Victor Papeleu, Paris; General Goethals, Brussels (in 1872); ?Prosper Crabbe, Brussels; [Georges Petit, Paris, in 1882]; M. Defoer, Paris (in 1883); William Schaus, New York (until d. 1892; his estate sale, American Art Association, New York, February 28, 1896, no. 16, as "Edge of the Woods," for $ 25,200 to Samuel P. Avery for The Met)
Paris. Palais des Beaux-Arts. "Exposition universelle de 1855," May 15–?, 1855, no. 3934 (as "Lisière des Monts-Gérard, forêt de Fontainebleau").
Paris. Galerie Georges Petit. "Cent chefs-d'œuvre des collections parisiennes," June 12–?, 1883, no. 83 (as "La Lisière des Monts Girard," lent by M. Defoer).
Winnipeg Art Gallery. "European and American Paintings," January 21–February 17, 1951, no catalogue.
New York. The Metropolitan Museum of Art. "Barbizon: French Landscapes of the Nineteenth Century," February 4–May 10, 1992, no catalogue.
New York. The Metropolitan Museum of Art. "Origins of Impressionism," September 27, 1994–January 8, 1995, no. 184.
Albany. New York State Museum. "French Painters of Nature; The Barbizon School: Landscapes from The Metropolitan Museum of Art," May 22–August 22, 2004, no catalogue.
New York. The Metropolitan Museum of Art. "Public Parks, Private Gardens: Paris to Provence," March 12–July 29, 2018, unnumbered cat.
THIS WORK MAY NOT BE LENT.
J. de La Rochenoire. Exposition universelle des beaux-arts: Le Salon de 1855. Paris, 1855, p. 65.
Eugène Loudun. Exposition universelle des beaux-arts: Le Salon de 1855. Paris, 1855, p. 161.
Charles Perrier. "Exposition universelle des beaux-arts IX. La peinture française, paysage." L'artiste, 5th ser., 15 (July 15, 1855), p. 142, calls it a brilliant sketch.
Alfred Sensier. Souvenirs sur Th. Rousseau. Paris, 1872, pp. 114 [possibly this picture], 213–14, 224, describes the old oak tree as irritated that the young sapling is growing in the place where older trees have been cut down
George A. Lucas. Journal entry. November 27, 1882 [published in Lilian M. C. Randall, "The Diary of George A. Lucas: An American Art Agent in Paris, 1857–1909," Princeton, N. J., 1979, vol. 2, p. 553], states that he saw it at the dealer Georges Petit's in Paris for Fr 150,000 and calls it "Le Sentier".
George A. Lucas. Journal entry. November 29, 1882 [published in Lilian M. C. Randall, "The Diary of George A. Lucas: An American Art Agent in Paris, 1857–1909," Princeton, N. J., 1979, vol. 2, p. 553], states that Petit offered it for Fr 140,000 and that the dealer is "to keep it" until December 12th or 15th for Samuel Putnam Avery.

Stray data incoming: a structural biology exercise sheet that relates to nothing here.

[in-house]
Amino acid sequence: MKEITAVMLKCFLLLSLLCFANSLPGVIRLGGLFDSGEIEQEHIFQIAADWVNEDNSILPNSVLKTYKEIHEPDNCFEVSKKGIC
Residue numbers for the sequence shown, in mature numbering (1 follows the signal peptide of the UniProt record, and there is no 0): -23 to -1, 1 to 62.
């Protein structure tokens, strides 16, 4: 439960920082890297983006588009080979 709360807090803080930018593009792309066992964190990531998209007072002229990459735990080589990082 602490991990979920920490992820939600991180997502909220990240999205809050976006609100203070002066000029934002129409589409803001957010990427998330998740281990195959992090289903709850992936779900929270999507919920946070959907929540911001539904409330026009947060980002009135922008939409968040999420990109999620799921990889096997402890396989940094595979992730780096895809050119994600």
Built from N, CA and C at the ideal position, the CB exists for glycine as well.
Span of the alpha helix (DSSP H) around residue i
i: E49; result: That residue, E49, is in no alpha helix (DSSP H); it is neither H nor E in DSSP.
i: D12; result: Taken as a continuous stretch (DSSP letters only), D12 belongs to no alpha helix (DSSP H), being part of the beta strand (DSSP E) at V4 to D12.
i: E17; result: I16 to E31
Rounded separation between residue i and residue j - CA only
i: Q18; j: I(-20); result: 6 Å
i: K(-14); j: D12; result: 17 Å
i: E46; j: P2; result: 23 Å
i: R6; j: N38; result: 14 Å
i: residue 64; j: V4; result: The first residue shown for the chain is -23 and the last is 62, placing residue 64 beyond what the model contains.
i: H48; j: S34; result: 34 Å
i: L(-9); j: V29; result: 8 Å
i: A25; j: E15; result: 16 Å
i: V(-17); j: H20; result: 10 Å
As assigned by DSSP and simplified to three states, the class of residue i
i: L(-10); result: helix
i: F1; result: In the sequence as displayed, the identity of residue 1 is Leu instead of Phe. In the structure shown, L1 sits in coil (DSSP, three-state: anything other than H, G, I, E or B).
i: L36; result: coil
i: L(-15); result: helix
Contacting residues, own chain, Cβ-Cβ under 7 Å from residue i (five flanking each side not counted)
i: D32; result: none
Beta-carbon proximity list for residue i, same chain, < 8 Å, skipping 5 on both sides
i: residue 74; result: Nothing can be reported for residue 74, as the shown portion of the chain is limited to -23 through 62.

Albert Wolff. Cent chefs-d'œuvre des collections parisiennes. Exh. cat., Galerie Georges Petit. Paris, , p. 104, no. 72, ill. opp. p. 64 (engraving), as "La Lisière des Monts Girard".
William Schaus. Letter to E. Le Roy & Cie. March 16, 1891 [included in catalogue of the George I. Seney sale, New York, February 11, 1891 (Getty Research Institute, Los Angeles, California, cat. no. 1891 Feb. 11 NeAmS c.3 DTL)], writes "... J'ai bien reçu votre [...] lettre de 6 mars. Vous me demandez si j'ai quelques très beaux tableaux de maitres de l'Ecole de 1830: Oui! J'ai d'abord la merveille de Théodore Rousseau 'Les Monts Girard.' Mon prix est de cinquante mille dollars net..." (I am in receipt of your letter of March 6. You ask whether I have any very beautiful paintings by the masters of ther Generation of 1830: Yes! First of all I have Théodore Rousseau's marvel "Les Monts Girard." My price is $50,000 net...).
"William Schaus Collection." New York Times (February ?, 1896), p. 14.
"Famous Paintings Sold at Auction." New York Herald Tribune (February 29, 1896), p.?, describes its sale for $25,200 to Samuel P. Avery at the Schaus sale on February 28, 1896.
"Metropolitan Museum of Art: New Purchases and Loans." New York Times (May 4, 1896), p. 4.
Arthur Hoeber. The Treasures of The Metropolitan Museum of Art of New York. New York, 1899, p. 88.
Georges Lanoë and Tristan Brice. Histoire de l'école française de paysage (depuis le Poussin jusqu'à Millet). Paris, 1901, pp. 190, 272, date it between May 1852 and 1853 and note that M. Papeleu was its first owner.
Emile Michel. "Théodore Rousseau et les peintres de Barbison [sic]." Revue des deux mondes, 5th per., 27 (May 1, 1905), p. 178.
Frank Fowler. "The Field of Art: Modern Foreign Paintings at the Metropolitan Museum, Some Examples of the French School." Scribner's Magazine 44 (September 1908), p. 384, ill.